Car wrecks in MX are a criminal matter so you'd better either get the right insurance from a MX insurer or just leave the scene of the accident immediately.
By Jim Schutze
By Rachel Watts
By Lauren Drewes Daniels
By Anna Merlan
By Lee Escobedo
Dear Mexican: About six years ago, my wife and I adopted a little baby boy. He is "pure" mestizo and we are complete wabs. I'm a little dark because of my mixed Arab heritage, but my wife is a major league blanca. He is a sweet little gabacho growing up in wab world. I don't mind getting the looks when we go to the taquería in the barrio or when we take him on our trips to Mexico. And I can handle the questions from dumbass wabsters. But I worry about the little guy being the odd boy out. How can I help him keep in touch with his gabacho roots? Wabdaddy in Texas
Dear Wabpapi: You sound like a wonderful man, but tienes your ethnic terms wrong. A wab is a nickname Mexican-Americans in Orange County use to deride unassimilated Mexicans — think "hillbilly." A gabacho is a gabacho — in other words, someone of the gabacho race, the race that wants to deport wabs, not love them. You want to teach your niño to keep in touch with his wab roots. Etymological concerns aside, I'm sure there are a lot of Tejanos who are more than happy to direct you to art, music, books and cultural programs that'll teach your son about his proud heritage. Just don't get them talking about the Alamo.
I'm a judeo (notice I don't call myself a gabacho) en Norte California, and after driving 1,800 miles to visit mi padre en Texas, I was surprised at the outrage over Mexican drivers in los estados unidos who don't have a Texas (or wherever else north of the border) driver's license. Does the USA not recognize foreign driver's licenses? If they do, isn't it simply an insurance issue, and, if so, couldn't this whole silly problem be fixed by having car insurance companies offer cross-border policies? Confuzzled Judeo en San Francisco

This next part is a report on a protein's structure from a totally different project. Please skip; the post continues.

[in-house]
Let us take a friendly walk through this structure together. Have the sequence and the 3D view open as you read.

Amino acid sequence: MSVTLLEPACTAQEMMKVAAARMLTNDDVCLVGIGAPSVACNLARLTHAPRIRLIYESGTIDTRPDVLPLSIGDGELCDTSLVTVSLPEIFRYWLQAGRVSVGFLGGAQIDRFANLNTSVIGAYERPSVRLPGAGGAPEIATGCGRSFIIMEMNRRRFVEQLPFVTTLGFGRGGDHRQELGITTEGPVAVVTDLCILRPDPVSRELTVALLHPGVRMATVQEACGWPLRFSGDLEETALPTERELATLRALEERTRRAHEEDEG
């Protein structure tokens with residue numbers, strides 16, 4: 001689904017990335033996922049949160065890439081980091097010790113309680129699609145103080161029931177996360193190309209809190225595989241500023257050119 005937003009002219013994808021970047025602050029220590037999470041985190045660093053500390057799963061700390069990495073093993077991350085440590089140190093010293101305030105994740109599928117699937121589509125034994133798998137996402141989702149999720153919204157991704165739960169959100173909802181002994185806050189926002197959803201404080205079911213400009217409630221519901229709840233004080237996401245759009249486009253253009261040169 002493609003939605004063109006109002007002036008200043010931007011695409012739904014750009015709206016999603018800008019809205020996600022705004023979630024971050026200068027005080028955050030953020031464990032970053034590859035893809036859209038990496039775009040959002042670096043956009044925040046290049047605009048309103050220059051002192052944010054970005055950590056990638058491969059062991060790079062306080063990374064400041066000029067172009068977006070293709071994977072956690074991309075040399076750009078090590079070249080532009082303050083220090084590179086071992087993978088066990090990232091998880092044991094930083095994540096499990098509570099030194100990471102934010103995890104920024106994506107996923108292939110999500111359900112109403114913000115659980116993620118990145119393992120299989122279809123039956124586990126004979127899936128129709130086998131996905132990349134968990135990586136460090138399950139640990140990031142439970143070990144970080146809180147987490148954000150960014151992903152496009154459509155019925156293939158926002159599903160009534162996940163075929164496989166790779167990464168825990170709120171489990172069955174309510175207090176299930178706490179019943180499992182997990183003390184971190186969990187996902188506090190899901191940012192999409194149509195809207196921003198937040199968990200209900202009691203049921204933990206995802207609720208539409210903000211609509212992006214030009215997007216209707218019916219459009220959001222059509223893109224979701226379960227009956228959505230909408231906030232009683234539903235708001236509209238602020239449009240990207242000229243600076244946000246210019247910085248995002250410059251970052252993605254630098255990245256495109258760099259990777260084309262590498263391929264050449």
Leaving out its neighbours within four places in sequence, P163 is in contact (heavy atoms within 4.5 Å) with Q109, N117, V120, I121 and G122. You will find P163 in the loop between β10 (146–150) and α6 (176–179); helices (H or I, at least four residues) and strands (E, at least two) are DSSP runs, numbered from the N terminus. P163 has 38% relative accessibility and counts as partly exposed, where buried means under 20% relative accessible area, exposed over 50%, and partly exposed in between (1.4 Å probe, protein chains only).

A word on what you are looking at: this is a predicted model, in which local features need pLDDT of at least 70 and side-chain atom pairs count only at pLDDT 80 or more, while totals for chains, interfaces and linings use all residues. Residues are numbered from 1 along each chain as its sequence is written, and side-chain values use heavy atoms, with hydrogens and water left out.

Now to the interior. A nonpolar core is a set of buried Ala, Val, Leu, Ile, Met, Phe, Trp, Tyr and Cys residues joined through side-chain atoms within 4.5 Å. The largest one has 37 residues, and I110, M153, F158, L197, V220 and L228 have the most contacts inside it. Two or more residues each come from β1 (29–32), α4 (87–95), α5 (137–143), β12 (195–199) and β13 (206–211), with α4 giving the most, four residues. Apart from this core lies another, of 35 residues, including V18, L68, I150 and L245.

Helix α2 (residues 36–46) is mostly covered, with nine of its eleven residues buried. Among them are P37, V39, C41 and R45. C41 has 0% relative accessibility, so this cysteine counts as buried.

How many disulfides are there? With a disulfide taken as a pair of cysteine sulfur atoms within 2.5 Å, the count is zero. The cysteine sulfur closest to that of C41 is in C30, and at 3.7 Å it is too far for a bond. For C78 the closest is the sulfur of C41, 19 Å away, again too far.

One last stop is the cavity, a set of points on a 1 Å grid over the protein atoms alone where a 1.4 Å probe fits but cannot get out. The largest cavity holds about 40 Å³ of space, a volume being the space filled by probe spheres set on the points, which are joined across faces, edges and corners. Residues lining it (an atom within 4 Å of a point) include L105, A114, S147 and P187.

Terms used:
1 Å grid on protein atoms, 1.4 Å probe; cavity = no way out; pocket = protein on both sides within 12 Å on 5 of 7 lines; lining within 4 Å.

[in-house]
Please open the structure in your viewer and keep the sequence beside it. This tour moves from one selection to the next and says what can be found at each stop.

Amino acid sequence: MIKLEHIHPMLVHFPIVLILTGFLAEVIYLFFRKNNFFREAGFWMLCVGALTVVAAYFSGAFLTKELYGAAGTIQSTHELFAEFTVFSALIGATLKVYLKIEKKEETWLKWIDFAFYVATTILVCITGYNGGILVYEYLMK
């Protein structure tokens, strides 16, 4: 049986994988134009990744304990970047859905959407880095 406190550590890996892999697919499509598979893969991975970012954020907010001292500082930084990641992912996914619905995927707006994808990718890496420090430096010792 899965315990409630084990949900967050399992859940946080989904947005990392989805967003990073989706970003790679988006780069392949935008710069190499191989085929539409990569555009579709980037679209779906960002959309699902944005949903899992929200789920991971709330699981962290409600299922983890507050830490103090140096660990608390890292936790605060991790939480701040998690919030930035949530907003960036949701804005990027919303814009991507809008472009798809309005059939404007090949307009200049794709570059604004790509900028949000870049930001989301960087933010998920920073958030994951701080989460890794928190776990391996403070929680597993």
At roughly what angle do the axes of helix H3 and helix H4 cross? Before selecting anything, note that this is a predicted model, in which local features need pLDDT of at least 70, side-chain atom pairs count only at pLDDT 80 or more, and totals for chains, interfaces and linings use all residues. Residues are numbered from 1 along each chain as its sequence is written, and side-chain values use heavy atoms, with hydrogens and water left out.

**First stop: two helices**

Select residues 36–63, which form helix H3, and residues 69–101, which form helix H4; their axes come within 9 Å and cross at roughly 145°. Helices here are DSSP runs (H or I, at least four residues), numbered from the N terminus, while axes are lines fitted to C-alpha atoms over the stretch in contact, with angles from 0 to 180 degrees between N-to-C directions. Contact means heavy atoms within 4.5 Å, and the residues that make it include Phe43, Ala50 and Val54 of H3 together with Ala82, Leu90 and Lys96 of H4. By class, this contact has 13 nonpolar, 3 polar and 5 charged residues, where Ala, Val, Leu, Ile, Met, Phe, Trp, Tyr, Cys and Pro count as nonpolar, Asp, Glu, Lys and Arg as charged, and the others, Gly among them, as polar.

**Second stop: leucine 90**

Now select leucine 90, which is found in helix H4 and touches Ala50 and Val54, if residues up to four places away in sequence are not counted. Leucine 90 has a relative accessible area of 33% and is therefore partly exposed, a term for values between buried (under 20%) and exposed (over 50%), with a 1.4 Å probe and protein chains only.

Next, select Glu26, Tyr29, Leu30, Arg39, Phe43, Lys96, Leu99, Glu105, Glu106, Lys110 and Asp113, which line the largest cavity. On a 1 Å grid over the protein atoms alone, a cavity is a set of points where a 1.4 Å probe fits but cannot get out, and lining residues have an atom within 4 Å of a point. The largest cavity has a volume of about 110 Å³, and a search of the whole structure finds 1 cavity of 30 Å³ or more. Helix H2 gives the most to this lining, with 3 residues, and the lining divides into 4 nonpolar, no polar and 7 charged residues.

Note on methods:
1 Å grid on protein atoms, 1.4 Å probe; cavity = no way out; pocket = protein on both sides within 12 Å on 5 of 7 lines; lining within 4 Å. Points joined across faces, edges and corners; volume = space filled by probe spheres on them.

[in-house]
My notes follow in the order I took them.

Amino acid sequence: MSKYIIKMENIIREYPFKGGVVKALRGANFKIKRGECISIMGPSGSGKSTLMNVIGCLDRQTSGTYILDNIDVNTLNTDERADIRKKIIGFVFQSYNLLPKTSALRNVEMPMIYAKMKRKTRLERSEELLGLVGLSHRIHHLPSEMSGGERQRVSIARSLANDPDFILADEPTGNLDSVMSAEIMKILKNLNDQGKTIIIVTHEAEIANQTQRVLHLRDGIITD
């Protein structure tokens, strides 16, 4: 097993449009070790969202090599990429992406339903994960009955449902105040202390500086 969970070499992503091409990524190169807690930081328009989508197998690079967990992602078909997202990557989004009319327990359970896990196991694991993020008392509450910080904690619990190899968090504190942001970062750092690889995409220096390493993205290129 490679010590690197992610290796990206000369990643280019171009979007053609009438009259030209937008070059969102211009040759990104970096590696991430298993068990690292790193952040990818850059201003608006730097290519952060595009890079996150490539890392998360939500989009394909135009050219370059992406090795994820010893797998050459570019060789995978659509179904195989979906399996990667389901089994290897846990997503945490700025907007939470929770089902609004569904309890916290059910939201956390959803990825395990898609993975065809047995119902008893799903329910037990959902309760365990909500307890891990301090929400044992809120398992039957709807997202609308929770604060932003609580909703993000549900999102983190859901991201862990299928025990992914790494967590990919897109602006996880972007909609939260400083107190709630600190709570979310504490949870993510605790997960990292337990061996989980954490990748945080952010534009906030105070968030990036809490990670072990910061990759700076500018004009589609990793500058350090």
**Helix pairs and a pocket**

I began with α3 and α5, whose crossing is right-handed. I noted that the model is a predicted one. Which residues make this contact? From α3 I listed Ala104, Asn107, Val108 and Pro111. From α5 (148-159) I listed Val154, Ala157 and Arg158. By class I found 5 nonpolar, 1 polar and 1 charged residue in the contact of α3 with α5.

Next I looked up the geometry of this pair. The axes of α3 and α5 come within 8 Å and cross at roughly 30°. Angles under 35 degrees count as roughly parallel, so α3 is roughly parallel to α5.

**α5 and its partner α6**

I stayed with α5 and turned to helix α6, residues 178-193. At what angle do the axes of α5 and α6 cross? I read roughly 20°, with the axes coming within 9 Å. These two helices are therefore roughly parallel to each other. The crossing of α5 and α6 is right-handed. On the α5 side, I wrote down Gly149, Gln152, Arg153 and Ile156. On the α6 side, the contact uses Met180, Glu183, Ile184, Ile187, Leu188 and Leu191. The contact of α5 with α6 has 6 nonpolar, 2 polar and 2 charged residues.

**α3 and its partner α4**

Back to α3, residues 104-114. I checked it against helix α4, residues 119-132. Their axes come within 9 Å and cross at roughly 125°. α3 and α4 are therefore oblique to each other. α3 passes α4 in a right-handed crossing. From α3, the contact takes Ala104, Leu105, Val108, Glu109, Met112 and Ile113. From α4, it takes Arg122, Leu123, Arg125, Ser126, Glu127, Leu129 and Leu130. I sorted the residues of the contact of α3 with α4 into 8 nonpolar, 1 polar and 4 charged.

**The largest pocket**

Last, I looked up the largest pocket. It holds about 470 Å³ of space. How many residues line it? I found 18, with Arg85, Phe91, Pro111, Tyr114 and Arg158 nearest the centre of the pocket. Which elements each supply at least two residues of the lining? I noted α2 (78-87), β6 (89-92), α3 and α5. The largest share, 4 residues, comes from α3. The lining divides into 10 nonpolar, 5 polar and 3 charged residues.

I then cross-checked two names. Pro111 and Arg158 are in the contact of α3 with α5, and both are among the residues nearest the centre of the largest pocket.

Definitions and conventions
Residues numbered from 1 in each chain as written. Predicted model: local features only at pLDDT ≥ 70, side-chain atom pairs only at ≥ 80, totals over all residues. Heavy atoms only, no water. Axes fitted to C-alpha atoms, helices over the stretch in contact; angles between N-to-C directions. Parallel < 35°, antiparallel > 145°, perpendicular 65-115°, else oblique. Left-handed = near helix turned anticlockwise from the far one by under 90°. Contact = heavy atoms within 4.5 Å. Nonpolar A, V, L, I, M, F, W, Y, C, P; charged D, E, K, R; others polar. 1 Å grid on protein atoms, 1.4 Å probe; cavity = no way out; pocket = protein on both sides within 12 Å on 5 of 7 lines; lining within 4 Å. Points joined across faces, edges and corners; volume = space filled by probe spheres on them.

Dear Judeo: That's a novel concept — distinguish yourself from gabachos because your tribe definitely ain't them! Even more novel is your idea of having American authorities recognize foreign driver's licenses in lieu of American ones. While wonderful and commonsense, the only problem is a matter of bureaucracy and jurisdiction. The United States doesn't recognize foreign driver's licenses per se but rather something called an International Driving Permit, which must be acquired in a person's home country. Furthermore, you have to apply for a driver's license in American states once you establish residency there. In the case of Mexicans, their Mexican driver's license would only work for so long. Best bet? The burro.